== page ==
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EnGenius Whole-Home Wi-Fi System, AC1200 Dual-Band Mesh Wifi (EMR3000-KIT) Set of 3 for $226.34 FS

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EnGenius Technologies EnMesh Whole-Home Wi-Fi System, AC1200 Dual-Band Mesh Wifi, Router replacement for whole home coverage [set of 3] (EMR3000-KIT)
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$266.34 - $40 coupon = $226.34

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https://www.amazon.com/dp/B06ZY6H...vpc_slickd
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Created 11-03-2017 at 11:39 AM by DealSan
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12 Comments

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#2
I am pretty networking savvy, but something escapes me with these new mesh network devices. I have for years had a few Apple Airport Extreme base stations creating one network for me in my house. Then, for example, I have my xbox and TV plugged into of the base stations via ethernet, but also have laptops, ipads, and phones roaming around the house.

How do the new mesh network devices differ from such a setup I have today and would I even benefit from swapping out to the new mesh network devices like this deal?
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#3
Unfortunately the term "mesh" has been hijacked by consumer marketing and now one or 2 AP's wirelessly backhauling to a master wired AP is now termed meshing.
So, MESH wifi systems use a separate wireless radio to connect to each other like they would with ethernet cables back to a ethernet switch.
It is a way to spread wifi radio coverage (more AP's) over a wider area but not have to run dedicated cables to each AP.

The AP's talk to each other via the backhaul radio (mesh) and the clients talk to the AP's via the client radio(s).

Running wires is better but what most of these systems are now offering is the ability to control multiple AP's with a centralized GUI.
This has previously been only really available to expensive Enterprise systems but Ubiquiti made it more affordable to SOHO's with the free Unifi software.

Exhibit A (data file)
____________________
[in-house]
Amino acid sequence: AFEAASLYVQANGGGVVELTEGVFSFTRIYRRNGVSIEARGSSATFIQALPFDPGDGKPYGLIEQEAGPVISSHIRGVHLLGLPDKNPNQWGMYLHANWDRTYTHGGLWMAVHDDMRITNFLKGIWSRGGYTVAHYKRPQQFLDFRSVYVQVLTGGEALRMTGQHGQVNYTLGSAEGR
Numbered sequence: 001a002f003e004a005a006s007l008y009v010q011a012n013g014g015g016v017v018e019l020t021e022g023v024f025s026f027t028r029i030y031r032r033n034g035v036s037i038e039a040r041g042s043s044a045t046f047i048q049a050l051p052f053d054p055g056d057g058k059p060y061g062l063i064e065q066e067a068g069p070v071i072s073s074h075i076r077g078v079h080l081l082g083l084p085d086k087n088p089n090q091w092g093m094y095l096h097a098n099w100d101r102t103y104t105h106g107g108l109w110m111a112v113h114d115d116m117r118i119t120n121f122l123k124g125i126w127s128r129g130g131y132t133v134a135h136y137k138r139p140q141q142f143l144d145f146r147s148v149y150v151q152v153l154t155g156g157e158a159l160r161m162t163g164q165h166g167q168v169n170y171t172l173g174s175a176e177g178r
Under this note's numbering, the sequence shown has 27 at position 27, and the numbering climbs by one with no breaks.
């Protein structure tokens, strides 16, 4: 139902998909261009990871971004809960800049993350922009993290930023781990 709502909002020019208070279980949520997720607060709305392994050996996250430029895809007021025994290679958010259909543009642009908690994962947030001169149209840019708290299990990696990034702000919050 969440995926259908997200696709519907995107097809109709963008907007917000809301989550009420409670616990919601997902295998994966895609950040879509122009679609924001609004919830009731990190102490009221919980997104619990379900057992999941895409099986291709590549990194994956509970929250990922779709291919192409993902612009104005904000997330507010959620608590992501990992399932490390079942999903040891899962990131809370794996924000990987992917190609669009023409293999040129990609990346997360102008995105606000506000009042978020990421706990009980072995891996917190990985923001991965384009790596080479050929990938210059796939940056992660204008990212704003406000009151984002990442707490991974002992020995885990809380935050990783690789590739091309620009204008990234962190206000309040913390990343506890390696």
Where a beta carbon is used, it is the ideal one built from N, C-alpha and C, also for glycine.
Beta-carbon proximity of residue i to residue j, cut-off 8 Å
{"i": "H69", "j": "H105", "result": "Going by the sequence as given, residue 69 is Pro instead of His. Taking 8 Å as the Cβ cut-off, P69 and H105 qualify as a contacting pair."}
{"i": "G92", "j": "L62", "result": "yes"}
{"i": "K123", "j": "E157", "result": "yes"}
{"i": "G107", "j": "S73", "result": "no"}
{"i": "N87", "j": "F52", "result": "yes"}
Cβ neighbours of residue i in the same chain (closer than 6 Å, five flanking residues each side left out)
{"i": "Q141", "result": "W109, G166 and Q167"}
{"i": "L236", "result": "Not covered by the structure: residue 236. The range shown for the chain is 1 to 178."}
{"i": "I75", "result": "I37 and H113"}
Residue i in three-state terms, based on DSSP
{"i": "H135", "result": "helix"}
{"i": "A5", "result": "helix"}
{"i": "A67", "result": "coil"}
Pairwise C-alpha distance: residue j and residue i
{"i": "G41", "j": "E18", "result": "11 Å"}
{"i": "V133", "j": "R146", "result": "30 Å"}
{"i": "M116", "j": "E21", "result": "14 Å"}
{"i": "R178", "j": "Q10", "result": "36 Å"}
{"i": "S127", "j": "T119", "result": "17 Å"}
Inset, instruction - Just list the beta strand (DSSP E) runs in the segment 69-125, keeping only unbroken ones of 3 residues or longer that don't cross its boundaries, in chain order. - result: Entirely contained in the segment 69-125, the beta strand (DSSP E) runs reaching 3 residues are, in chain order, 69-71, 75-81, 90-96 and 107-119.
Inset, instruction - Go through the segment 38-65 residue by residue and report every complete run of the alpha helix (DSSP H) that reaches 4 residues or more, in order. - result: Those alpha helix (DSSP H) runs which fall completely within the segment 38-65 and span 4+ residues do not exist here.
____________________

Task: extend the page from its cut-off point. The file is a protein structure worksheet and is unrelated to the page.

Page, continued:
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Last edited by SlickLULZ November 3, 2017 at 06:01 PM.
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#4
Quote from SlickLULZ
:
Unfortunately the term "mesh" has been hijacked by consumer marketing and now one or 2 AP's wirelessly backhauling to a master wired AP is now termed meshing.
So, MESH wifi systems use a separate wireless radio to connect to each other like they would with ethernet cables back to a ethernet switch.
It is a way to spread wifi radio coverage (more AP's) over a wider area but not have to run dedicated cables to each AP.

The AP's talk to each other via the backhaul radio (mesh) and the clients talk to the AP's via the client radio(s).

Running wires is better but what most of these systems are now offering is the ability to control multiple AP's with a centralized GUI.
This has previously been only really available to expensive Enterprise systems but Ubiquiti made it more affordable to SOHO's with the free Unifi software.
Other home WiFi kits like the Google WiFi system is a true mesh where there are 3 radios. 2 for clients and 1 for the mesh function. This one does not have the 3 radio so I imagine one radio (5ghz) is serving as the back haul connection and for clients at the same time:
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#5
Quote from nightowl2k2
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Other home WiFi kits like the Google WiFi system is a true mesh where there are 3 radios. 2 for clients and 1 for the mesh function. This one does not have the 3 radio so I imagine one radio (5ghz) is serving as the back haul connection and for clients at the same time:
Three radios does not make a true mesh.